About Four Noble Truths

It explains in the Madhyamokavatara (Entering the Middle Way), by the great Indian pandit Chan-drakirti,that first there's attachment to the self, and then grasping at things and becoming attached to them as "mine." At first there is a very solid, independent I that is very big--bigger than anything else; this is the basis. From this gradually comes "this is mine, this is mine, this is mine." Then "we, we, we." Then, because of our taking this side, come "others, our enemies." Towards I or mine arises attachment; towards him, her and them we feel distant, and anger, jealousy and all those competitive feelings arise. Thus ultimately, the problem is this feeling of "I"--not the mere I, but the I with which we become obsessed. This gives rise to anger and irritation, along with harsh words and all the physical expressions of aversion and hatred. All these actions (of mind, speech and body) accumulate bad karma. Killing, cheating and all similar negative actions also result from such bad motivation. So, you see: the first stage is solely mental, the disturbing negative minds; in the second stage these negative minds express themselves in actions, karma. Immediately, the atmosphere is disturbed. With anger, for example, the atmosphere becomes tense, people feel uneasy. If someone gets furious, gentle people try to avoid him. Thus he, too, gets disturbed. And later, the person who got angry himself feels embarrassed and ashamed for having said all sorts of absurd things, whatever came into his mouth. When you get angry there's no room for logic or reason; you become literally mad. So later, when your mind has become normal again, you feel ashamed. There are no good points about anger and attachment; nothing good results from them. They may be difficult to control, but everybody can realize that there is nothing good about them. This is the second noble truth. Now the question arises whether or not these kinds of negative mind can be eliminated.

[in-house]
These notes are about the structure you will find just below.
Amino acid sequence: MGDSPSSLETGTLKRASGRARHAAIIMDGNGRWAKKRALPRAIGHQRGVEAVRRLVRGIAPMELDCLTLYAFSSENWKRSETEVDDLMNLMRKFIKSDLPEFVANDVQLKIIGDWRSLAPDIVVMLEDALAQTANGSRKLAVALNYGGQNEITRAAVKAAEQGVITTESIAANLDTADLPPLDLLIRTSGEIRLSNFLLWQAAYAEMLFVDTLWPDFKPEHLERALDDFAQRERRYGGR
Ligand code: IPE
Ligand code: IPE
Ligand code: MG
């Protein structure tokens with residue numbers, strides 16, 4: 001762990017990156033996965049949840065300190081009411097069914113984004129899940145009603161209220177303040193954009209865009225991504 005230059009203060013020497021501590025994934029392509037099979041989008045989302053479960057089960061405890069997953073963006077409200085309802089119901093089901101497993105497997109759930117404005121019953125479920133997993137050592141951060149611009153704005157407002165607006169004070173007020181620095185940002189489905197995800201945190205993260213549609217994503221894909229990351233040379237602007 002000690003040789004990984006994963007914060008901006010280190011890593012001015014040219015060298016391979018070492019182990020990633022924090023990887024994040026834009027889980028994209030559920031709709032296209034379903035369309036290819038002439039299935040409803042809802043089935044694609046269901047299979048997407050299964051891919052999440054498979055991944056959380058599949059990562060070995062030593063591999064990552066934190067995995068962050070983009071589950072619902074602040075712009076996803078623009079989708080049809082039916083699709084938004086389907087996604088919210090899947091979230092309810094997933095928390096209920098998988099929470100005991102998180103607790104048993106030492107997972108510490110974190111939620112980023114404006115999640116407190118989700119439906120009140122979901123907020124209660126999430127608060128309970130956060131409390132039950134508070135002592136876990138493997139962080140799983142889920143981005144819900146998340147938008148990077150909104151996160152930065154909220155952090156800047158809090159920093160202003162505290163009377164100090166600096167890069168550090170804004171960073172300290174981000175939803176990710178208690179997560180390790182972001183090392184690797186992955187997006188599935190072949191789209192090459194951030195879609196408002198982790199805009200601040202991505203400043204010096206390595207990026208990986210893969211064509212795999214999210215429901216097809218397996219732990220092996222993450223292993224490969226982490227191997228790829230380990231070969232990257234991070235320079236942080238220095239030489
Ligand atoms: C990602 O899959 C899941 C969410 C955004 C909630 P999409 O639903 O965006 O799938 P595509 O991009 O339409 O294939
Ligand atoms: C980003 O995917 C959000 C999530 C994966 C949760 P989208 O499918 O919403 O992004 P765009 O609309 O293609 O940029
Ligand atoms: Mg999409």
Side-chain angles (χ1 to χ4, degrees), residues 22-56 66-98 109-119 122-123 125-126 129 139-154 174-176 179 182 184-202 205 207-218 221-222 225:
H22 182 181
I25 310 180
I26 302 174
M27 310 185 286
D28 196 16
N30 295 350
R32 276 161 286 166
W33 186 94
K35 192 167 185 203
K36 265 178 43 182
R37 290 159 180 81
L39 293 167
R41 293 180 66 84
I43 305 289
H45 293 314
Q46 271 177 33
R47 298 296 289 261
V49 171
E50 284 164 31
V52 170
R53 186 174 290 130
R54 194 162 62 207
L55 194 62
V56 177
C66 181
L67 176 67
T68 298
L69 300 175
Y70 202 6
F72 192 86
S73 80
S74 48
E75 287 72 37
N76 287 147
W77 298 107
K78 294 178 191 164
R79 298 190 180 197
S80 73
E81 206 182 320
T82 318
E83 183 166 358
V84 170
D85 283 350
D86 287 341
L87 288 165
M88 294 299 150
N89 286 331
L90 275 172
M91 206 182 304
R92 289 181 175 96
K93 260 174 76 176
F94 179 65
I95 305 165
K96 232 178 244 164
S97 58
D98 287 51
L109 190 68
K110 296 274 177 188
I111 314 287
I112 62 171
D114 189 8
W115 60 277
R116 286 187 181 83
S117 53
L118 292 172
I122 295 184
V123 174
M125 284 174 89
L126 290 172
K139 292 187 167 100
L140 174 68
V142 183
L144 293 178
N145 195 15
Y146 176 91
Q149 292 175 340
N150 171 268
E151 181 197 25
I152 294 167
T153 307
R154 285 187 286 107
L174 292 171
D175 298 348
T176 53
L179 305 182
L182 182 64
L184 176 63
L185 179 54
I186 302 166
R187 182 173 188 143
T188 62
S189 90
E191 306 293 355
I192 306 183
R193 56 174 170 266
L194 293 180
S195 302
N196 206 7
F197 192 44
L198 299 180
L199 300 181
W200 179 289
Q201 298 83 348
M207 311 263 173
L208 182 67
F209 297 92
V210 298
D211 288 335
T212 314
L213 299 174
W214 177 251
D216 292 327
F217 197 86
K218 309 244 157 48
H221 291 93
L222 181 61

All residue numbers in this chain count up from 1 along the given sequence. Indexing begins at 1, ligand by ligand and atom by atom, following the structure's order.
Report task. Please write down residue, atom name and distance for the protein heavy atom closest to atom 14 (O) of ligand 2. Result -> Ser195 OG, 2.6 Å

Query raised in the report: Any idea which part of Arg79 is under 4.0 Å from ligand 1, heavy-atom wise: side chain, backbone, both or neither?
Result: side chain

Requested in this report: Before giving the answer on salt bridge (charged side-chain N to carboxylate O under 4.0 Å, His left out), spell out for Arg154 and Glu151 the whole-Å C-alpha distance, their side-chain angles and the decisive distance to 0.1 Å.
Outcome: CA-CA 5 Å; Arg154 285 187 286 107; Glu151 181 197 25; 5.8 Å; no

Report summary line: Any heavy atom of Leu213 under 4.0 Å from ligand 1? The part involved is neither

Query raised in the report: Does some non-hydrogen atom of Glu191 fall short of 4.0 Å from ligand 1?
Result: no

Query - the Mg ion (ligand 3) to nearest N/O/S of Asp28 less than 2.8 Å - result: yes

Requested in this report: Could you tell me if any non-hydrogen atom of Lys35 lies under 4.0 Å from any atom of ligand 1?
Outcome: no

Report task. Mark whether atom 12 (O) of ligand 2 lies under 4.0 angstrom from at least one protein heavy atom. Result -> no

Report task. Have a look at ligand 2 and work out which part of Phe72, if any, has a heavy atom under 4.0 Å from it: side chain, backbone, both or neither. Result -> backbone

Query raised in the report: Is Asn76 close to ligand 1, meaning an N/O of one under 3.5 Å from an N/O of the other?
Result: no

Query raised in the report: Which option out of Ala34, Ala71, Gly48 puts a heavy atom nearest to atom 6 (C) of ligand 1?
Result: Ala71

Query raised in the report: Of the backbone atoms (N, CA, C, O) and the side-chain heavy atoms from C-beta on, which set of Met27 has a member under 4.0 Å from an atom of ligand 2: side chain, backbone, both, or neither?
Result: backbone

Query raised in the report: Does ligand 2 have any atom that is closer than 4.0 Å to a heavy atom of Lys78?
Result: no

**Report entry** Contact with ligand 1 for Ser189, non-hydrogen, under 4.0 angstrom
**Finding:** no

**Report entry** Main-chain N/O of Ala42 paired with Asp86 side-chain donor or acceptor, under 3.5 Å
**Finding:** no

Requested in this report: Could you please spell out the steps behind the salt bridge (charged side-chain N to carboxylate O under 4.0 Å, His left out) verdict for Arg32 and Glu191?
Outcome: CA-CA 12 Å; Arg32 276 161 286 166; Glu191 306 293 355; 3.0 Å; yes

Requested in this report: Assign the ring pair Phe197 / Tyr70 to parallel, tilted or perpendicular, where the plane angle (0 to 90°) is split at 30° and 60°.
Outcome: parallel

3. The Truth of the Cessation of Suffering

The root of all disturbing negative minds is our grasping at things as truly existent. Thus we have to investigate whether this grasping mind is correct or whether it is distorted and seeing things incorrectly. We can do this by investigating how the things it perceives actually exist. However, since this mind itself is incapable of seeing whether or not it apprehends objects correctly, we have to rely on another kind of mind. If, upon investigation, we discover many other, valid ways of looking at things and that all these contradict, or negate, the way that the mind that grasps at true existence perceives its objects, we can say that this mind does not see reality.

Thus with the mind that can analyze the ultimate we must try to determine whether the mind that grasps at things as truly findable is correct or not. If it is correct, the analyzing mind should ultimately be able to find the grasped-at things. The great classics of the Chittamatra and, especially, the Madhyamika schools contain many lines of reasoning for carrying out such investigation. Following these, when you investigate to see whether the mind that grasps at things as inherently findable is correct or not, you find that it is not correct, that it is distorted--you cannot actually find the objects at which it grasps. Since this mind is deceived by its object it has to be eliminated.

Thus, through investigation we find no valid support for the grasping mind but the support of logical reasoning for the mind that realizes that the grasping mind is invalid. In battle, the mind supported by logic will always be victorious over the mind that is not. The understanding that there is no such thing as truly findable existence constitutes the deep clear nature of mind; the mind that grasps at things as truly findable is superficial and fleeting.

When we eliminate the disturbing negative minds, the cause of all suffering, we eliminate the sufferings as well. This is liberation, or the cessation of suffering: the third noble truth. Since it is possible to achieve this we must now look at the method. This brings us to the fourth noble truth.